Do It With a Doula
One of the buzz words in labor and delivery today is the word "doula". What is a doula? Is it a good idea to have one when you deliver? These are important questions, and ones that will help you to define what type of delivery you anticipate for yourself.
What's a Doula, Anyway?
A doula is a labor support person who has been trained to offer guidance to the laboring woman. She is not a medical professional, and she doesn't help to deliver the baby. Rather, she spends the labor and delivery helping the woman to breathe correctly, recommending positions and activities to help ease the pain of labor, and encouraging the woman with her words and actions.
How Can a Doula Help Me?
Most women who hire a doula do so because they are hoping to have a natural birth. They want the doula to guide them through the process and to help to suggest ways to ease their discomfort. They can certainly be helpful should you end up using medication, but their main role is to offer emotional and physical support. They can help you to write your birth plan, to decide on the location of your birth, and to help you to understand your various medical and medicinal options. They will often meet with the couple a few times before delivery, helping you to define your goals. They are able to explain medical procedures and to figuratively and literally hold your hand through the birthing process.
When it's time for labor, a doula can help you to determine when it's time to leave for the hospital or the birthing center. They can help you in your house during the early stages of labor, and can help you to check into the hospital. They'll offer physical support, rubbing your back, massaging your legs, helping you to take a shower, and other items. They can also help you to understand what is happening during your birth, particularly if you are birthing in a hospital. Often times, the husband finds it overwhelming to try to support his wife, to be her advocate, and to navigate through the medical environment. The doula's role is to compliment the husband and to take the pressure off of him so that he doesn't have to try to perform all of these roles.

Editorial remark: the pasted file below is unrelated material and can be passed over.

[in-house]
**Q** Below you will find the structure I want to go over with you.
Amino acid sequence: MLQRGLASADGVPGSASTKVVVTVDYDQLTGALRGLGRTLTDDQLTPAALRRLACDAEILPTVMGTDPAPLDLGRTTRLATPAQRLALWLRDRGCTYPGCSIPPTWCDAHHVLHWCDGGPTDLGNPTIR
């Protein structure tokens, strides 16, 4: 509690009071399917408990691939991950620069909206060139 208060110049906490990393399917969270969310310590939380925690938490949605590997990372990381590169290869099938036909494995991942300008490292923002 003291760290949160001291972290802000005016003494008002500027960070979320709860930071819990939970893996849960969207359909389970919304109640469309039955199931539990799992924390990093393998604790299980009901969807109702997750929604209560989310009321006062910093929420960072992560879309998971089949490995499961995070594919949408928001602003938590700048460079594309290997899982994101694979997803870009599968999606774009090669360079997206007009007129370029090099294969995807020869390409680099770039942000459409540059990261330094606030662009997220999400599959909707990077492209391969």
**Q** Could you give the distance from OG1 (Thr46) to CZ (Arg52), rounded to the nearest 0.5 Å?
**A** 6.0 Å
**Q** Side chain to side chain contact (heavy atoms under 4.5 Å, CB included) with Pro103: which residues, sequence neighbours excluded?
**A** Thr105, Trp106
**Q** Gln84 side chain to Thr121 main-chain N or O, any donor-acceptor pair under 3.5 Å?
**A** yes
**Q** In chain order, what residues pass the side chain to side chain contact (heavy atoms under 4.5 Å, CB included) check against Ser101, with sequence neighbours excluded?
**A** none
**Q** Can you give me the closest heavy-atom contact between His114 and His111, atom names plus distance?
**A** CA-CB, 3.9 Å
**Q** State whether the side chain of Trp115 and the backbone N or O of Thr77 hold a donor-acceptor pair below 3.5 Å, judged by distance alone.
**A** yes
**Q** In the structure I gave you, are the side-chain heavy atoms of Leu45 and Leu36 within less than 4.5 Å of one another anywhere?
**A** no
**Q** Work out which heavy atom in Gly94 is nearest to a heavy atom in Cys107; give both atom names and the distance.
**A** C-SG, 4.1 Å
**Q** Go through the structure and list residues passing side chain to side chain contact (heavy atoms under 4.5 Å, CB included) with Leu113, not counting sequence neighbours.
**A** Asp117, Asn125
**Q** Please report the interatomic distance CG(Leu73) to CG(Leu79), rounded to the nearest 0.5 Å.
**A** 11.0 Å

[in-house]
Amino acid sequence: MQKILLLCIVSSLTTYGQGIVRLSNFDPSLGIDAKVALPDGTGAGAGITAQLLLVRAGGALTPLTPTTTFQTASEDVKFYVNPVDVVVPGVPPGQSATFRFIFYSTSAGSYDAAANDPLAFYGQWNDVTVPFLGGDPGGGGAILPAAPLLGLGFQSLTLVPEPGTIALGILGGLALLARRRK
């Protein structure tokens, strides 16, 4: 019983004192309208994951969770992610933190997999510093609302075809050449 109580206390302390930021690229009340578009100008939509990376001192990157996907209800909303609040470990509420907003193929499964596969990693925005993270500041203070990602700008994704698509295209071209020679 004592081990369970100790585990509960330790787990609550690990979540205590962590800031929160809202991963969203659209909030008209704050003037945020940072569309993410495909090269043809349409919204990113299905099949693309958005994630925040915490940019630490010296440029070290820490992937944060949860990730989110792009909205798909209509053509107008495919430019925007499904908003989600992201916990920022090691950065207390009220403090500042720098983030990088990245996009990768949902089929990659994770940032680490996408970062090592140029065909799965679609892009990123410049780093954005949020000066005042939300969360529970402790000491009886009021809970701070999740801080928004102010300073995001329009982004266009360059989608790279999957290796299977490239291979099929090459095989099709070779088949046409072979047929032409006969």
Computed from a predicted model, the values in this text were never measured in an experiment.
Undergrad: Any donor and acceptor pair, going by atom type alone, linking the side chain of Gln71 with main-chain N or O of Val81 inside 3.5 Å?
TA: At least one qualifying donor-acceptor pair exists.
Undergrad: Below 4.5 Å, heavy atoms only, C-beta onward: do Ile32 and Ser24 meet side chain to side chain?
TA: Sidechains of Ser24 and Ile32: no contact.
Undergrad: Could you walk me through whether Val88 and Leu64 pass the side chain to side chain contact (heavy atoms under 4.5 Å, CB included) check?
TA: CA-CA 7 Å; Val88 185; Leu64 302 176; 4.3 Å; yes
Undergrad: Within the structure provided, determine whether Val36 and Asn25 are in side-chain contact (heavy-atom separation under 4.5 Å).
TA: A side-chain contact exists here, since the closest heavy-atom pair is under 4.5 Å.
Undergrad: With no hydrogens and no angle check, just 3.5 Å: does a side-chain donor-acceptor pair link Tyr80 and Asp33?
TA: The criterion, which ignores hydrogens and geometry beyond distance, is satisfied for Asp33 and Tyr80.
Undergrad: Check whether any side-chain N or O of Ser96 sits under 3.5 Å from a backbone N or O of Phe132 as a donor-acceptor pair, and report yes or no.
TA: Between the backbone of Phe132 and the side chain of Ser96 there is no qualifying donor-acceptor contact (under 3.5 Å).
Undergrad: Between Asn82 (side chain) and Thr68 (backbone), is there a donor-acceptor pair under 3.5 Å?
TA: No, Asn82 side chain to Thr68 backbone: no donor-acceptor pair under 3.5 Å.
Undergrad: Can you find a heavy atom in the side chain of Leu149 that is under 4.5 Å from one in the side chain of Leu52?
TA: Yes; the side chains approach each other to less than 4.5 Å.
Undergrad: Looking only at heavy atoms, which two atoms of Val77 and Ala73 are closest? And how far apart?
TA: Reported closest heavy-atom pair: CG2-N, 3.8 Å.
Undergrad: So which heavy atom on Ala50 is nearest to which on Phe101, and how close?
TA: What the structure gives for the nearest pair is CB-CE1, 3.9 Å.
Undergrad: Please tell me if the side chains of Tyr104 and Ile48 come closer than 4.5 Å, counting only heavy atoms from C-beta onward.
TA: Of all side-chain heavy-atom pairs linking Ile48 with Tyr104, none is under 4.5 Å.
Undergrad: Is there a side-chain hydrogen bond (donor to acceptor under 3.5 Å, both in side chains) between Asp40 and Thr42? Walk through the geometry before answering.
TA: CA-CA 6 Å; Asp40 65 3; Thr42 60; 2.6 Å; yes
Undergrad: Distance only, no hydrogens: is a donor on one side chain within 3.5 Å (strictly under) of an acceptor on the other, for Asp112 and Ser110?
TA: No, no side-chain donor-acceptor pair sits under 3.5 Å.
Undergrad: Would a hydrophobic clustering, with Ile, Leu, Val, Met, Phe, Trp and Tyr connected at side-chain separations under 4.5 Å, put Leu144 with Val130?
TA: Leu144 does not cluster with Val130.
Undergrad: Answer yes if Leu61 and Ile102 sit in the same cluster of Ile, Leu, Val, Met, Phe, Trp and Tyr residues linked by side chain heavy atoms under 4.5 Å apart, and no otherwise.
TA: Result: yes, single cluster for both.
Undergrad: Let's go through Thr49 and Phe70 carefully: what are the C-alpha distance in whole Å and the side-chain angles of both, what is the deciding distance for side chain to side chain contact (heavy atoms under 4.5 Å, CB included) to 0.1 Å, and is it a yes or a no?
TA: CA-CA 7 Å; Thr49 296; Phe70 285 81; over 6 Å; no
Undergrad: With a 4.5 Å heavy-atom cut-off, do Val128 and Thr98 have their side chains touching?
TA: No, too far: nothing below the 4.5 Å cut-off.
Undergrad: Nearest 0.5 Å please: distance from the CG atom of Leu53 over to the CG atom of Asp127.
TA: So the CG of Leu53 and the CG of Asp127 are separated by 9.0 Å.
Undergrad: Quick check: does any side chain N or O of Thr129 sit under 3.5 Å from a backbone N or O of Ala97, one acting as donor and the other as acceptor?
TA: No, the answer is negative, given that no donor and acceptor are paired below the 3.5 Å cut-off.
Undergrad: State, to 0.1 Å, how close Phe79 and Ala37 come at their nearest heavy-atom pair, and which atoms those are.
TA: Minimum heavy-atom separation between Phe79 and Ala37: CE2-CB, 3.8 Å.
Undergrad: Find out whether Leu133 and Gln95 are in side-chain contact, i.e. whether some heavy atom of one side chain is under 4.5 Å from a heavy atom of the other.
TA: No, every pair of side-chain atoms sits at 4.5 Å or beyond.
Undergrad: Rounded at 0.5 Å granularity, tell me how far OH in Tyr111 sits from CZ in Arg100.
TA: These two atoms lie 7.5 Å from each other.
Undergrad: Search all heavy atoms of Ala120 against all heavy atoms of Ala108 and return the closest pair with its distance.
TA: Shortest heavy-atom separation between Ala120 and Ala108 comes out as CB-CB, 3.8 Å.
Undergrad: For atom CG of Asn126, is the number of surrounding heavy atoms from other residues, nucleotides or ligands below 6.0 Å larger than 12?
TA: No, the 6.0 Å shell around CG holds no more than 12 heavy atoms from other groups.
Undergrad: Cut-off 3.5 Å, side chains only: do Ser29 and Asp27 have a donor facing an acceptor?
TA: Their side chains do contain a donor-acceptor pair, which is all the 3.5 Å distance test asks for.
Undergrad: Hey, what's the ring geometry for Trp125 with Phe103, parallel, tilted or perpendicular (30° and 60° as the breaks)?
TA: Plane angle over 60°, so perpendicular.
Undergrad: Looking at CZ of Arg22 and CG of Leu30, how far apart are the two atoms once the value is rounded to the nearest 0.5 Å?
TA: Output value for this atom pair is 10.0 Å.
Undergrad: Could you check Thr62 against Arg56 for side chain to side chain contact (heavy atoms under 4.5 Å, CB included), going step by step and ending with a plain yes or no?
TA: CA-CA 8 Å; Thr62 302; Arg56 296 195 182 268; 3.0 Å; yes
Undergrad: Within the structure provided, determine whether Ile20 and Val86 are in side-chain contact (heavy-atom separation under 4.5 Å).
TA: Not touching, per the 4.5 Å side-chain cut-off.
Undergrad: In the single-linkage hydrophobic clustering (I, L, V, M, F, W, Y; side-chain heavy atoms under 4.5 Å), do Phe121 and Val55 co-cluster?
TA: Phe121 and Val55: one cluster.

Immediately after delivery, the doula can help you to begin breastfeeding. She can show you how to hold the baby and how to relax so that you can enjoy this important time right after delivery. She'll come to check on you a number of times after the delivery and can answer questions about nursing, the baby's health, and your own recovery.
Studies have found that women who hire a doula experience a 50% reduction in the number of Cesarean births that they experience, 25% shorter labors, a 60% reduction in the request for an epidural, and a 30% reduction in the need for forceps. Research also shows that women who had a doula have less anxiety and more confidence with their baby six weeks after delivery. Particularly if you are considering a natural birth, hiring a doula may be a great decision for you. It alleviates the burden placed on your spouse, and allows the birthing process to be a smoother, gentler experience.